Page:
Frederick Douglass was an escaped slave, a great abolitionist orator, and generally a great American. Not too long ago, I readone of his autobiographies. Of his speeches, I am most likely to recognize bits from his 1952 observationson independence day. (Eldridge Cleaver quotes it in Soul on Ice.) This part is fierce:
What, to the American slave, is your 4th of July? I answer: a day that reveals to him, more than all other days in the year, the gross injustice and cruelty to which he is the constant victim. To him, your celebration is a sham; your boasted liberty, an unholy license; your national greatness, swelling vanity; your sounds of rejoicing are empty and heartless; your denunciations of tyrants, brass fronted impudence; your shouts of liberty and equality, hollow mockery; your prayers and hymns, your sermons and thanksgivings, with all your religious parade, and solemnity, are, to him, mere bombast, fraud, deception, impiety, and hypocrisy — a thin veil to cover up crimes which would disgrace a nation of savages. There is not a nation on the earth guilty of practices, more shocking and bloody, than are the people of these United States, at this very hour.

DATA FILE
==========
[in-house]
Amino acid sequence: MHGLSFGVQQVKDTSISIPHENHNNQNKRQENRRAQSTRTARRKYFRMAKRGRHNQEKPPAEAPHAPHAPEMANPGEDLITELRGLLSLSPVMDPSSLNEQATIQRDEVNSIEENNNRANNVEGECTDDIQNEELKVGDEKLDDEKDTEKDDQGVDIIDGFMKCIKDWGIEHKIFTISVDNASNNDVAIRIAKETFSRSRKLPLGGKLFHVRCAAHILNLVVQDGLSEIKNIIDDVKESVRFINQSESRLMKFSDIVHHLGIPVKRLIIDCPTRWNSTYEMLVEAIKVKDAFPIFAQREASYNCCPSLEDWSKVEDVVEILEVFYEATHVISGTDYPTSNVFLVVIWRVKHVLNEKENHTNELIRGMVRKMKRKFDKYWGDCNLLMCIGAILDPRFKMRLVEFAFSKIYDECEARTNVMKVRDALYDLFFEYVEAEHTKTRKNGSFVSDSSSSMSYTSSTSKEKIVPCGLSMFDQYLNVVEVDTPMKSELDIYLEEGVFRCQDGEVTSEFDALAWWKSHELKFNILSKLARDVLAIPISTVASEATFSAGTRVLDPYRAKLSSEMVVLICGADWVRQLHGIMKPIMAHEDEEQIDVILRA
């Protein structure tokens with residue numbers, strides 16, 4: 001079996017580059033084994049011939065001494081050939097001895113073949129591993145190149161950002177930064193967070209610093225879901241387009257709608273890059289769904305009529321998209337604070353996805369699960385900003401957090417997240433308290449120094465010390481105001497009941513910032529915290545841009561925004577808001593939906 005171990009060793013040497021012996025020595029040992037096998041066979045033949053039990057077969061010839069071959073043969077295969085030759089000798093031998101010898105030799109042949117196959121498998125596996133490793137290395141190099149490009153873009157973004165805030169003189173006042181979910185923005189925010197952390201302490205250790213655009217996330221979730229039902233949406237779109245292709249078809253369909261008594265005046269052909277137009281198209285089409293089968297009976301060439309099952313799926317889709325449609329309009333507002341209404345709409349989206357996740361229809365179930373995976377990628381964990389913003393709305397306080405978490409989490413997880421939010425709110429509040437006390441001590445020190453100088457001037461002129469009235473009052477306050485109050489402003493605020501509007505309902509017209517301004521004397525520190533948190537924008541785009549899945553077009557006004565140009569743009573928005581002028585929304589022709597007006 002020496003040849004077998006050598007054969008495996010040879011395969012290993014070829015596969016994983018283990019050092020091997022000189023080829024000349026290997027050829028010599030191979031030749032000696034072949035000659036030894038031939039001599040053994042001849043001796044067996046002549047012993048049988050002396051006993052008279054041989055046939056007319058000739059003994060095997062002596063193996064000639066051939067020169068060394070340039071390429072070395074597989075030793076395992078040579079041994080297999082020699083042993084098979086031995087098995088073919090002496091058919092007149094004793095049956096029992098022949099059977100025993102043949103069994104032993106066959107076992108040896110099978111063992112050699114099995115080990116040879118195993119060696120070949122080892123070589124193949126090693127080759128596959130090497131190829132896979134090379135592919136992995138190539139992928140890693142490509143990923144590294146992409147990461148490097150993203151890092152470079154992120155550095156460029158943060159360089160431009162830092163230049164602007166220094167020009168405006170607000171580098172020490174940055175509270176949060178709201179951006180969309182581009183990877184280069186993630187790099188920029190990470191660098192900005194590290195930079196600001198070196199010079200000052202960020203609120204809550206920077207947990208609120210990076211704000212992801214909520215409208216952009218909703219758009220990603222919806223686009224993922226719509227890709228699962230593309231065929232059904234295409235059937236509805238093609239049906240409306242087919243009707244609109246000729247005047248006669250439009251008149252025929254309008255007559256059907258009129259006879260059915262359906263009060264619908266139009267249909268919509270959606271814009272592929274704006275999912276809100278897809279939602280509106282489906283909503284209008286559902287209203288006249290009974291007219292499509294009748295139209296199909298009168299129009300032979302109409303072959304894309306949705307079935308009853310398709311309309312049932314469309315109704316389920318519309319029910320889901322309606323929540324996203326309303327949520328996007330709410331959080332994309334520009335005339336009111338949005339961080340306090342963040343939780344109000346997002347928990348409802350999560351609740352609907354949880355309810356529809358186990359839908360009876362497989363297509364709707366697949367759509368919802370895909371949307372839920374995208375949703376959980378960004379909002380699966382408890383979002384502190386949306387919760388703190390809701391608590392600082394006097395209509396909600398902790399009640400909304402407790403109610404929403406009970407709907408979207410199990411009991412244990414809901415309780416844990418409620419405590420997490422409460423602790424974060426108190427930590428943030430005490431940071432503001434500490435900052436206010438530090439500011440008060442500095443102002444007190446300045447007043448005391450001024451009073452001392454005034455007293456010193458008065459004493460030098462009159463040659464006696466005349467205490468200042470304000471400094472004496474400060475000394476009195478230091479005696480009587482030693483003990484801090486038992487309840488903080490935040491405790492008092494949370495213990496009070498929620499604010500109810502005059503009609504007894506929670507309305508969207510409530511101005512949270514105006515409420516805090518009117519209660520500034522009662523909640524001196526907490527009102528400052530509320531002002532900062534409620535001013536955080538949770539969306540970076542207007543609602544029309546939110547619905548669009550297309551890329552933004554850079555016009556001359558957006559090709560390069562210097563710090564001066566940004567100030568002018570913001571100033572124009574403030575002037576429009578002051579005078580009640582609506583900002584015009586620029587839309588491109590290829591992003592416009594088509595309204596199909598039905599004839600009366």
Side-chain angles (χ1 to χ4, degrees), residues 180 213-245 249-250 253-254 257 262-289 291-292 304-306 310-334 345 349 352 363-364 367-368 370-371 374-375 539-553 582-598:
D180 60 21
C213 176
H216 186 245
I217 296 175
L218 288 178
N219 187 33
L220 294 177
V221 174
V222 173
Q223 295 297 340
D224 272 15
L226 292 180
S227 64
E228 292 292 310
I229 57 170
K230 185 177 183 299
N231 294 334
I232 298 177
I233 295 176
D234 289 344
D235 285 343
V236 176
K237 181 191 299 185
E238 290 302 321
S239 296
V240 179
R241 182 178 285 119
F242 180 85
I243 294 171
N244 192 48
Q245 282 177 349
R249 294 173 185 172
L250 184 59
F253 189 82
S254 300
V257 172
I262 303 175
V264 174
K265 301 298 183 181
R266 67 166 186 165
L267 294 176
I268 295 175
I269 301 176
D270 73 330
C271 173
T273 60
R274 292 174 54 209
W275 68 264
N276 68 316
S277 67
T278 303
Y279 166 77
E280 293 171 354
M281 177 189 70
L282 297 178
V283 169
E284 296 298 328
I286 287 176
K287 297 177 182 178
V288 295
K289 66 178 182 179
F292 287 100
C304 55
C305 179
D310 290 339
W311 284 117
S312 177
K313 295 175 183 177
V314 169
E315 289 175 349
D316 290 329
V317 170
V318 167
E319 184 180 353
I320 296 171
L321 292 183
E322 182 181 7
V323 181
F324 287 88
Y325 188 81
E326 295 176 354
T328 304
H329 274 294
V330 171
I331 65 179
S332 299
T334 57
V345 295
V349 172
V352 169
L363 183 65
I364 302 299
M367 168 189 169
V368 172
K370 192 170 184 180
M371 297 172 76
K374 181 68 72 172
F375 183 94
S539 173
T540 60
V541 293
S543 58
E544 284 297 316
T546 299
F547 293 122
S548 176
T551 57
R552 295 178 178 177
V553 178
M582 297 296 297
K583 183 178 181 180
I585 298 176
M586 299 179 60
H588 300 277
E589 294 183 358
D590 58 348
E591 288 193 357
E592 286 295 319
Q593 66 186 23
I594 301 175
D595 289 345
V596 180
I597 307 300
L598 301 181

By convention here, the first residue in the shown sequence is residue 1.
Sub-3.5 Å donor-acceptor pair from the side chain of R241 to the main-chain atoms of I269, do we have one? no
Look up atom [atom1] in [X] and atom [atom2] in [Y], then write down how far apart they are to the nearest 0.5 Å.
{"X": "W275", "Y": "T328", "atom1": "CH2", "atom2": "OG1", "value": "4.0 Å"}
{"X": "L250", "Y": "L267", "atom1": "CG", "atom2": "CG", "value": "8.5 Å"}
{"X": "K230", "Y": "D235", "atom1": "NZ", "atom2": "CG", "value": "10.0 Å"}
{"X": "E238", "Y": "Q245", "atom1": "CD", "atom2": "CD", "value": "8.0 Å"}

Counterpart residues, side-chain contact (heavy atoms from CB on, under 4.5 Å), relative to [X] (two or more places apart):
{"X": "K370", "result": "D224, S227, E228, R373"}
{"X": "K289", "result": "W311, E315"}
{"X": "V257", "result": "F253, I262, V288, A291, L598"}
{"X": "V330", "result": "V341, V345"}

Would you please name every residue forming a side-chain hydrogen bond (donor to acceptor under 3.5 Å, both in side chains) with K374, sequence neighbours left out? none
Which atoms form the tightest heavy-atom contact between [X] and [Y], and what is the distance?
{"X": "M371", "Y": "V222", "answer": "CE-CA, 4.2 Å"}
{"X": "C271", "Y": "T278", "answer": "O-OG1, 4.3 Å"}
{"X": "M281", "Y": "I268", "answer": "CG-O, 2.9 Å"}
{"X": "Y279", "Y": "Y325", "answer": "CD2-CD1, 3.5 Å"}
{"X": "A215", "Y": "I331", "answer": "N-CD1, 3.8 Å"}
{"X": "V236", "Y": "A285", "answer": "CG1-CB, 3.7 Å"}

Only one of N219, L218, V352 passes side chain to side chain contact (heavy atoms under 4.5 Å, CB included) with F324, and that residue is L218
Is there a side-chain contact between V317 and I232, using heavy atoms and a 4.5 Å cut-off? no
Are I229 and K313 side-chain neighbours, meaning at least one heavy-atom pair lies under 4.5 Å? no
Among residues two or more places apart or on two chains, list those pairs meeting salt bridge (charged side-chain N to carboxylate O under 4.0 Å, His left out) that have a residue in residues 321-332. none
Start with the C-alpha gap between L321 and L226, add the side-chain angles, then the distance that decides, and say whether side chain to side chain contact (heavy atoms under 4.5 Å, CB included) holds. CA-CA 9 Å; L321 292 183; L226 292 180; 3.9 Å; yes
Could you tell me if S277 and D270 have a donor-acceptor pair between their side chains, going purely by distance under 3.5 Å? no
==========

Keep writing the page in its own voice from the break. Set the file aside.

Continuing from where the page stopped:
Frederick Douglass is buried in Mount Hope Cemetery in Rochester, NY. This is a family plot, with his widow at his left.